Lightning struck the tree he was leaning on not a moment earlier, sending him yards away. He dropped his bow and sack, just as the transformation began. It was more painful than he ever remembered. His lack of strength and energy attributed to his pain. Slowly, a tail stemmed out from his back. His mouth edged forward and his nails extended. His ears stretched and his back bent. He was leaning over on the ground, panting heavily for a few moments. Then, as if with new energy, he stood up. His sleek black wolf form glistened in the moonlight. His bright teeth curled into a smile; he knew he would survive the night. Regaining self-control, the Lycan scampered over to his sack and bow and bolted off towards the smoke.
Re: Unlikely Heroes: Content
Posted: Tue Jul 16, 2013 12:29 am
<<What in the seven ungodly hells is THAT!?>>
Huor drew and knocked an arrow. Irandirel looked at him, wide-eyed. <<No! Stop that. We don’t know if it’s hostile.>> She placed a hand on his bow and lowered it for him.
Glain’s malformed hand went to the haft of his knife, keeping his eyes on the pair of earth-walkers.
Iri held her hands open in front of her. “ We mean no harm. Do you speak Allevian?” Huor kept the bow pointed towards the ground, but watched the creature with narrow eyes.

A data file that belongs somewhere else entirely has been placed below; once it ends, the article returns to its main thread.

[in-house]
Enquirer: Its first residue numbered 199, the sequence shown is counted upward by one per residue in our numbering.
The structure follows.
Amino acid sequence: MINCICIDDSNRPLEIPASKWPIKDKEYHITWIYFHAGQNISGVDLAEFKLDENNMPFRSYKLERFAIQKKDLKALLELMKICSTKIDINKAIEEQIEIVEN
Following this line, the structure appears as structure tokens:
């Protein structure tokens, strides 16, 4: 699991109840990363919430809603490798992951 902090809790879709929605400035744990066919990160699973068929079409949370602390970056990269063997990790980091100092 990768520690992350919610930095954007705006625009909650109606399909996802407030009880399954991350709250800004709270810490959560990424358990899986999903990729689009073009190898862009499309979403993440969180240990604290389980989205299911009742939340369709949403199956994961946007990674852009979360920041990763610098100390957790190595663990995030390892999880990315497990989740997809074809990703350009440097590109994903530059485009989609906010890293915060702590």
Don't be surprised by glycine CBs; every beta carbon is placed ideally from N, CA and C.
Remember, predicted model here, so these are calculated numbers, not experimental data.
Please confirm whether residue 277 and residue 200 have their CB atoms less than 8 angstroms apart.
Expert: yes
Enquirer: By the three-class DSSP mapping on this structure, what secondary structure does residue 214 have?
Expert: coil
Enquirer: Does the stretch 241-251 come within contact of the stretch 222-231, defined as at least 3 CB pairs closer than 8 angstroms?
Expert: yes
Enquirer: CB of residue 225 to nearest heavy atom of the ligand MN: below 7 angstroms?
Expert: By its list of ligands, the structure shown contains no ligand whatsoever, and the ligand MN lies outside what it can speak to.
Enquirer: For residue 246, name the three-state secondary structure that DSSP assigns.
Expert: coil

Glain kept his eyes watching the two strange creatures, the voices echoing his own apprehension. He slowly lifted his hand from the knife, the two almost prostrating themselves before them.
“No?” She frowned. <<What then?>> Huor glanced back at her. <<There’s no value in trying to speak to it. It’s merely an animal, nothing more.>> Irandirel didn’t respond, merely pursed her lips and looked around the cave. Hidden in the dank shadows to the side sat a burned-out torch from some previous expedition. She picked it up and crouched, trying to draw a crude bell with the charcoal. “Have you heard this?” she asked the land-whale.
Glain nodded his head, recognizing the shape of it from the Sagas of his childhood, of towns signalling the coming of the Raiders with the Brass Object.
<<See? He’s one of us.>> Huor merely glared at her. She drew a few trees and gestured to herself. “We came from the forests” she narrated as she scratched an arrow. Irandirel flipped over the torch and held it towards the creature. “And you?”
Glain gingerly took the torch, and sketched the waves. He drew a similar arrow starting from beneath the waves, connecting it to the mountain.
Huor nudged her. <<Someone’s coming.>> He turned around and aimed towards the entrance of the cave, stepping softly to the side. Irandirel looked at the cave opening, and barely made out a pair of silhouettes in the glare of the midday sun. She slowly stood up and backed up to the other side. Glain drew his knife, adopting a defensive stance.